Recent news about the NSA accessing personal information, and allegations of Canadian officials spying on their Brazilian counterparts, has brought surveillance and security issues to the public eye once again. Because network security is one of my areas of specialization, people often come to me when topics such as these ones make the headlines. Everybody is quick to scrutinize the technology – what was wrong with the technical solution, the architect or the network. However, in my opinion, we often overlook one of the most dangerous vectors of a security attack: social engineering.
Social engineering refers to the manipulation of people – convincing them to divulge personal information. I don’t believe most people would willingly give up their usernames and passwords, but an efficient social engineer has multiple points of contact and knows how to put all the little pieces together to eventually gain unauthorized access to a secure network or system.
I was recently at an IT conference where I saw someone wearing a t-shirt that said “Social engineering – because there is no patch for human stupidity.” It made me laugh because it’s very true. We diligently strengthen computer infrastructures, servers and datacentres with patches to overcome security flaws so that they are no longer vulnerable. But it’s hard to do the same with people because it requires fighting human nature. Social engineers capitalize on people’s good nature and trust, and that’s what makes it so hard to protect against it.
I also recently listened to a presentation by Kevin Mitnick, a former hacker who now runs a security consultancy called Mitnick Security. Mitnick has said that it’s easier to convince someone to reveal their password than it is to crack a system, and we should believe him because he has years of experience doing just that.
Here’s an example of how an effective con artist might use social engineering: First, this person might do some research to find out the names and positions of the influential people in your company. Then they call you up at work and say they are from the company’s help desk, and they name-drop to establish credibility and legitimacy. A lot of us who work at larger companies wouldn’t know the help desk person by name, but if the person was convincing enough, they may be able to get you to divulge your username and password. For example, they might say something like, “We just had a network incident and we need to generate a new username and password. Was your username this?” Over the course of the conversation, you reveal enough information that it can be used in another conversation with someone else. At the end of the series of conversations, this person has gleaned enough information to gain access to the company’s network.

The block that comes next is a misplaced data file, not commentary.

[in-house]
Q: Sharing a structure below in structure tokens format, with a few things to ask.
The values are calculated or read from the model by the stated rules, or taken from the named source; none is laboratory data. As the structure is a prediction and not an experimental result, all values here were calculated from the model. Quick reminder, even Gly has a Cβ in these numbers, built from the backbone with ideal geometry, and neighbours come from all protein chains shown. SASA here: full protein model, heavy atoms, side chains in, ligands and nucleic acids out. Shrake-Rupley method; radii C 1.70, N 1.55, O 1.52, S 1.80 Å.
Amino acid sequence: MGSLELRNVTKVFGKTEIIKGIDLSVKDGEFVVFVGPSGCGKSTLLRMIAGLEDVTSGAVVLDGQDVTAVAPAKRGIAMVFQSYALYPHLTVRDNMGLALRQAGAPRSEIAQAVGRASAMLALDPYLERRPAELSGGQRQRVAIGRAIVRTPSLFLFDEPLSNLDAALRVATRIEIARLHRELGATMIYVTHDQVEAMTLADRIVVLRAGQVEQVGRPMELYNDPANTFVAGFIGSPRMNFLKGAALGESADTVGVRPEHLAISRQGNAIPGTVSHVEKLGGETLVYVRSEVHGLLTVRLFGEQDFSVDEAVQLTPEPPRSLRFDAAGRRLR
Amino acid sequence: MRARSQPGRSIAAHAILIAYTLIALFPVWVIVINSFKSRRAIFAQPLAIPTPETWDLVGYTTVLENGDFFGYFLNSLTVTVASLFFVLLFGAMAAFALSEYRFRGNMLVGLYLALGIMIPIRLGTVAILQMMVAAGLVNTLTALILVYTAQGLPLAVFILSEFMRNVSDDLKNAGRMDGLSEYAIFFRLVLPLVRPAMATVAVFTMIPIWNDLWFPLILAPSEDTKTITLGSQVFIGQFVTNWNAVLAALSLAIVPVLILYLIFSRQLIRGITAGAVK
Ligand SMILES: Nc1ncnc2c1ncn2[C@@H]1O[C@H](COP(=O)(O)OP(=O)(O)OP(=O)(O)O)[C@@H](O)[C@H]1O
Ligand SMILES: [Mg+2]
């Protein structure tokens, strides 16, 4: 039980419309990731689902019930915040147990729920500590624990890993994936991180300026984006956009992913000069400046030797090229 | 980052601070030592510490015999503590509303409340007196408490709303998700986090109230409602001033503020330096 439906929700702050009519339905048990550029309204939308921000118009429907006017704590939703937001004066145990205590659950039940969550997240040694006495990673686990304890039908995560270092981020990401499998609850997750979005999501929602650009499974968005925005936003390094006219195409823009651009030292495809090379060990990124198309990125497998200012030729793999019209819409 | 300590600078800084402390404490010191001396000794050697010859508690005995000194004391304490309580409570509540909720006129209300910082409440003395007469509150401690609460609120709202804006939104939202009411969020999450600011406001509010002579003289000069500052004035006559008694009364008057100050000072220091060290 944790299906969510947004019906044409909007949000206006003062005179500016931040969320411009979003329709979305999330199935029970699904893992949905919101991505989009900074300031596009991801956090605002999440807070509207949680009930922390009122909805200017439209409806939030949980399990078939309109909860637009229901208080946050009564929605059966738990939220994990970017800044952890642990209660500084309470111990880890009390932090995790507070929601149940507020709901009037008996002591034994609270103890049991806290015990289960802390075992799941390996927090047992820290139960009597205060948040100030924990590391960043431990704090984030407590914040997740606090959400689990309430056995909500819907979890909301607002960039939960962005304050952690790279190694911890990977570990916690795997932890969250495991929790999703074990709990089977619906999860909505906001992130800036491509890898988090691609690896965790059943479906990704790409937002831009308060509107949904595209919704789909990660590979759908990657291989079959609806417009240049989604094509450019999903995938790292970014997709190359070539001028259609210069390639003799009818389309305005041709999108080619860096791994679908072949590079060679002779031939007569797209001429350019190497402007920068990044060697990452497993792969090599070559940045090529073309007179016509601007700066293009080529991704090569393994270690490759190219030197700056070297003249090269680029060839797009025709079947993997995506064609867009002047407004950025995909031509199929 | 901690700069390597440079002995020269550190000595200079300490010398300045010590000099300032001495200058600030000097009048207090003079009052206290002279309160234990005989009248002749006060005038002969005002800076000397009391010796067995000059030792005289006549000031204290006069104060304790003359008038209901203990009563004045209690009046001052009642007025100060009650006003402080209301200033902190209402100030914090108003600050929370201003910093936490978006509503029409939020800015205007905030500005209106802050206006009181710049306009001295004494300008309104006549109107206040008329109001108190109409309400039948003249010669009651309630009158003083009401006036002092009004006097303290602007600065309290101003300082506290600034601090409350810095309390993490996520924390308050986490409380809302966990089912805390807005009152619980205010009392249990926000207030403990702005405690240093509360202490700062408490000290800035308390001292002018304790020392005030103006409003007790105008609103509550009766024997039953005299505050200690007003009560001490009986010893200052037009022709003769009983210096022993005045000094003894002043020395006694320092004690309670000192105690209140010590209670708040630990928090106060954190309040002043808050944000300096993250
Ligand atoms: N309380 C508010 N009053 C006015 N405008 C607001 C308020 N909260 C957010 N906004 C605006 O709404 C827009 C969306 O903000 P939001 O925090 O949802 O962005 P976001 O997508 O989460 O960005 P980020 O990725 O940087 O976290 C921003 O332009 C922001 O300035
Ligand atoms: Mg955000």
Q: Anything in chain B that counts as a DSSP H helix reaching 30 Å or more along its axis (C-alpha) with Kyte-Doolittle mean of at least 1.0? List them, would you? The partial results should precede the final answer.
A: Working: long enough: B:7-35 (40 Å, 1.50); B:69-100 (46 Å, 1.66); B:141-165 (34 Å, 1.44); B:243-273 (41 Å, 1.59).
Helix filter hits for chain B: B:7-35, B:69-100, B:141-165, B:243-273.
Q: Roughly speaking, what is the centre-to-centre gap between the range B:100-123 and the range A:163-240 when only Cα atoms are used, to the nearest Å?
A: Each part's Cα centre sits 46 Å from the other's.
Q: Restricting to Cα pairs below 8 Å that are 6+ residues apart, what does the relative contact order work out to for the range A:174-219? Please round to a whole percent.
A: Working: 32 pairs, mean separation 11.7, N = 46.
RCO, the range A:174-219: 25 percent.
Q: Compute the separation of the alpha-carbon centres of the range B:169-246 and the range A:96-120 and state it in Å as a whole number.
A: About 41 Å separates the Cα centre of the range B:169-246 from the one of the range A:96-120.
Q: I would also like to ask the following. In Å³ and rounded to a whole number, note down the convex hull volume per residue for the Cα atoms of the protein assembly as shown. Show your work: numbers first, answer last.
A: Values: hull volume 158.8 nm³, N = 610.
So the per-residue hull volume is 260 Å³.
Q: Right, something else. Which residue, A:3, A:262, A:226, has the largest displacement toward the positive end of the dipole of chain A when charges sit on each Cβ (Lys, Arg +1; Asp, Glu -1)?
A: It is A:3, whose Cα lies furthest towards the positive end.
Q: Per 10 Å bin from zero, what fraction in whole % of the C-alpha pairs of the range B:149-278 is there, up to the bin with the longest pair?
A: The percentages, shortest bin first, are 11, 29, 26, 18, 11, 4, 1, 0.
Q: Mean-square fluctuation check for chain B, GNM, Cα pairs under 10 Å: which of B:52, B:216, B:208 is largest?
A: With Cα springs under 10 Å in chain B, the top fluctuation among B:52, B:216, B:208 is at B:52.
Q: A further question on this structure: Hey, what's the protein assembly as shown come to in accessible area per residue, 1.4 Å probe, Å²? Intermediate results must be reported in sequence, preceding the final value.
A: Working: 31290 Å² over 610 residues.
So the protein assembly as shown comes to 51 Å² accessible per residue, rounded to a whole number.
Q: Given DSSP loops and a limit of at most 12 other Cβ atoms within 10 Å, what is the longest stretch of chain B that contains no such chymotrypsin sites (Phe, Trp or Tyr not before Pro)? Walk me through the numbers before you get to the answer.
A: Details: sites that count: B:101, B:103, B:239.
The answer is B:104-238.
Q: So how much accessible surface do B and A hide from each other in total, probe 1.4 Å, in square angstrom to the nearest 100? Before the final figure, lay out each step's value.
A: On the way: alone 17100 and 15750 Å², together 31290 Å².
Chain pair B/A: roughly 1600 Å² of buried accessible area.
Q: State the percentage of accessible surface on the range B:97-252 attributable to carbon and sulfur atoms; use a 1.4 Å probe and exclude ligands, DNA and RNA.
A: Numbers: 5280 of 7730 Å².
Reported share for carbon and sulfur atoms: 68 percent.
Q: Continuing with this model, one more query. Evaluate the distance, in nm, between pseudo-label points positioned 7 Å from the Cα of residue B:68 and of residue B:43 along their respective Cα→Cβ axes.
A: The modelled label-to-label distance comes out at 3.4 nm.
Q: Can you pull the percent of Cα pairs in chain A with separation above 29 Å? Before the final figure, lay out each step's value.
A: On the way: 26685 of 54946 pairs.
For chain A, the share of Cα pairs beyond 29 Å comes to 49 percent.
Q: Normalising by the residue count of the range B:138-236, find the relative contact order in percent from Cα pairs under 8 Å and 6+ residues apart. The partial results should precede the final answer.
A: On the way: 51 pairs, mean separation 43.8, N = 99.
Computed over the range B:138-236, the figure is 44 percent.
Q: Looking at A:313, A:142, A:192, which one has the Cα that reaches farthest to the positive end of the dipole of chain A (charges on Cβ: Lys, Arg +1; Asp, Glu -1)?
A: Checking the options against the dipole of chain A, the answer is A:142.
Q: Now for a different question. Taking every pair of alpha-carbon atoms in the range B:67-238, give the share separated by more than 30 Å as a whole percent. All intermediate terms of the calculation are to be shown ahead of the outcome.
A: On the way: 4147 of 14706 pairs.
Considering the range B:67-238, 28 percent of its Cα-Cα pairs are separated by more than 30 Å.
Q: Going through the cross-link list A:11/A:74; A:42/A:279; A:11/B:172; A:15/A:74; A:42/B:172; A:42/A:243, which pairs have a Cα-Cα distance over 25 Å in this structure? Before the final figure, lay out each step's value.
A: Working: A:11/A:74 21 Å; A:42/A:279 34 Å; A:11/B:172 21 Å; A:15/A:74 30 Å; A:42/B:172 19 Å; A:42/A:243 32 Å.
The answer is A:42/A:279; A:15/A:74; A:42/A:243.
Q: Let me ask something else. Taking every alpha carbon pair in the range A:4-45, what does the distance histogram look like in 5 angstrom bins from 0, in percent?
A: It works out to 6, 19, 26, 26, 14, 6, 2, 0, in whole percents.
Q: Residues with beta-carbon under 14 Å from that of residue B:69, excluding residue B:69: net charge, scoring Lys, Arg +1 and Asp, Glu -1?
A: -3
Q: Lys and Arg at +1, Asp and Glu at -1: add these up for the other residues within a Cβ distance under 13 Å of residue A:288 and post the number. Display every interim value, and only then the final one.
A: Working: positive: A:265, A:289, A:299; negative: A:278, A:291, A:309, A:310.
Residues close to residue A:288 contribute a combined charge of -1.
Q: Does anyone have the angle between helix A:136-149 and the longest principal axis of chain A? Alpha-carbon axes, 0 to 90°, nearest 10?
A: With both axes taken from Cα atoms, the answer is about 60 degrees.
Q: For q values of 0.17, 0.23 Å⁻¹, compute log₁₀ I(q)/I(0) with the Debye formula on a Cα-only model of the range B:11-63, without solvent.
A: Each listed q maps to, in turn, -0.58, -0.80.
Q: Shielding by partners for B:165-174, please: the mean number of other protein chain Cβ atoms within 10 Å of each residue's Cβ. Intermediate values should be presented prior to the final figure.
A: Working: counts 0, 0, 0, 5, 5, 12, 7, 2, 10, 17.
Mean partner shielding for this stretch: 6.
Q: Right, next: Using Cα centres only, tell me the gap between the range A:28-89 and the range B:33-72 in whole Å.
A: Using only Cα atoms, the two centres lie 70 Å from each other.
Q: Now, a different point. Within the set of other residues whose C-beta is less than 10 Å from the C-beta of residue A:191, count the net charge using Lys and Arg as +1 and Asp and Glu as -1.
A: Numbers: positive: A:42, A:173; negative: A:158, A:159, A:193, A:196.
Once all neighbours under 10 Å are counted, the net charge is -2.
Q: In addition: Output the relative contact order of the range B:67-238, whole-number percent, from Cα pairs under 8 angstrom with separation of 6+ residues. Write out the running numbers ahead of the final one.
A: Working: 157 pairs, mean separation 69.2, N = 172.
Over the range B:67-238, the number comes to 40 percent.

In years past, corporate IT was central in dictating how users accessed systems and information. The recent consumerization of IT trend has firmly entrenched the user as the center of the IT universe. Network security has had to become more dynamic and nimble as corporations want to provide anywhere-anytime-any device type access for users to information and applications. The old security rules don’t apply anymore as companies roll out BYOD programs and promote flex-work schedules based on remote access.
For this reason, when I talk to customers about security, one of the first things I like to discuss is the human angle. The best antidote to social engineering is to educate your user base, not just about password security but also topics that are beyond the obvious. Engender a culture of healthy skepticism. Encourage users to question everything to a certain degree. Provide people with the necessary tools to qualify requests for information that may be carefully disguised social engineering tactics. Develop a robust security policy. Security policies aren’t a sexy topic but they are necessary and important because they work.